Mich. AG says he'll sue to protect lakes from carp

Bighead carp
In this Thursday, Jan. 5, 2006 file photo, a bighead carp, front, a species of the Asian carp, swims in a new exhibit that highlights plants and animals that eat or compete with Great Lakes native species, at Chicago's Shedd Aquarium.
M. Spencer Green/Associated Press

Michigan's attorney general said Sunday he will go to court to try to force the closure of Chicago-area locks and protect the Great Lakes from the invasive Asian carp.

Attorney General Mike Cox said in a statement he will file a lawsuit in federal court soon but his office did not provide an exact time frame. The suit would aim to close locks near the Chicago Sanitary and Ship Canal, where officials found one carp Thursday.

Authorities are trying to ensure the carp don't reach Lake Michigan where they could starve out smaller, less aggressive competitors and endanger the Great Lakes fishing industries.

But closing the locks could also disrupt the movement of millions of tons of iron ore, coal and other goods.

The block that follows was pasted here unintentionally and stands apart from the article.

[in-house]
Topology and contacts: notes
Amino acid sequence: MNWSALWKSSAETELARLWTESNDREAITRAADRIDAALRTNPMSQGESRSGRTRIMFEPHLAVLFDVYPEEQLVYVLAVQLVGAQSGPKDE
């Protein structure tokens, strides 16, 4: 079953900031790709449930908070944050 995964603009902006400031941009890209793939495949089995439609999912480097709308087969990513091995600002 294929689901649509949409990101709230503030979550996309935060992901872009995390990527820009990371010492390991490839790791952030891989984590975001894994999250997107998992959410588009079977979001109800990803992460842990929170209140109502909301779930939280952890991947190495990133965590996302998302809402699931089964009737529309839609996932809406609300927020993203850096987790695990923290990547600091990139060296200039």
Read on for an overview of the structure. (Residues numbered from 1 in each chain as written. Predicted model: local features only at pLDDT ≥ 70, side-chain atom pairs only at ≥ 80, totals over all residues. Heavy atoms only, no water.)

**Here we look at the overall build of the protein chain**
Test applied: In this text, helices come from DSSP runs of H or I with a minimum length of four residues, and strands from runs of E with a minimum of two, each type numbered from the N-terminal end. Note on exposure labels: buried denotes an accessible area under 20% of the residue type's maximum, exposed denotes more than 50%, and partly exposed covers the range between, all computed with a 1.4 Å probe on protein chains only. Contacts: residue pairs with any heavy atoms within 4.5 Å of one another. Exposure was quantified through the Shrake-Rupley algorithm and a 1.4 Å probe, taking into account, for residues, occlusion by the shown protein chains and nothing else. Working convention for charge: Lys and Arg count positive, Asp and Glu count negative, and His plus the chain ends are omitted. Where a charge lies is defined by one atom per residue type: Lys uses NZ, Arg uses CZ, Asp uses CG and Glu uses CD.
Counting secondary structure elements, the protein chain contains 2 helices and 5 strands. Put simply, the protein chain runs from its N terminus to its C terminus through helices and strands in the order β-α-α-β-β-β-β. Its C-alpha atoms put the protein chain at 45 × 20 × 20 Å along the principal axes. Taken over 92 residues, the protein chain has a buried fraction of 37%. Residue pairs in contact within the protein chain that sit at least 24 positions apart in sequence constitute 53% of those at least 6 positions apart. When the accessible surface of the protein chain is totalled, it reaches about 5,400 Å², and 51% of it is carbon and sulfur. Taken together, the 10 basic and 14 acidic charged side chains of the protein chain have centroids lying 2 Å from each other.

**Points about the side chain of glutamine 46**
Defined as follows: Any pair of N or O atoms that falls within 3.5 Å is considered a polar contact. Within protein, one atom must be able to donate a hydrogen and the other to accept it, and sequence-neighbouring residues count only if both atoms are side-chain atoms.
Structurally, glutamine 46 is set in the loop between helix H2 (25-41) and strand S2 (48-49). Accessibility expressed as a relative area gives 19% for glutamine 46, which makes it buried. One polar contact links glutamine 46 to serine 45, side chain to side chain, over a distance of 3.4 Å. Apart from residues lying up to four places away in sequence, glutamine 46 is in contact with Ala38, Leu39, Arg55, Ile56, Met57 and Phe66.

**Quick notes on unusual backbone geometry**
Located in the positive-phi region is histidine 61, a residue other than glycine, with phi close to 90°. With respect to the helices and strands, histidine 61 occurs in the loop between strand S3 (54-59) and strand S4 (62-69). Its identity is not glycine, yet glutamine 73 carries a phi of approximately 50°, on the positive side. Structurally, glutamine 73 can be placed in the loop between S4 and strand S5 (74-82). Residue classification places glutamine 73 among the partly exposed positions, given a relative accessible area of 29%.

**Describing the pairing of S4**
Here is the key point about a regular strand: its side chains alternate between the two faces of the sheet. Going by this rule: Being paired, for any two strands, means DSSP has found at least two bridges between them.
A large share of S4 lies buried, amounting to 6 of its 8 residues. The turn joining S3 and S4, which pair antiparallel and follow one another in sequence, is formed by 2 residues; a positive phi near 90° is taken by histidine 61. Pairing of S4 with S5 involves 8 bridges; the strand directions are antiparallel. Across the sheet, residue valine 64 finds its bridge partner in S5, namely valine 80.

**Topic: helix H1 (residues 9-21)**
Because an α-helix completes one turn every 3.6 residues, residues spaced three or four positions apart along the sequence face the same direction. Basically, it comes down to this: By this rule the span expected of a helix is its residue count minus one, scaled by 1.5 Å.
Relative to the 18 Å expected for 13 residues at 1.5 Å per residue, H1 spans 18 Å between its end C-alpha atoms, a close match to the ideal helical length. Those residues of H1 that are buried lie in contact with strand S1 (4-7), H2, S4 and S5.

Part of the canal was poisoned last week in an effort to kill the carp.

Temporary lock closure is already under consideration. Cameron Davis, the Great Lakes adviser to the U.S. Environmental Protection Agency, said Friday that discussions were under way about shutting the O'Brien Lock while crews continue to dump poison in a stretch of the canal.

Before making a final decision, officials want to finish searching for Asian carp and conduct other tests along the canal to pinpoint where they might be located, Davis said. The lock would shut down immediately if officials do choose to close the lock.

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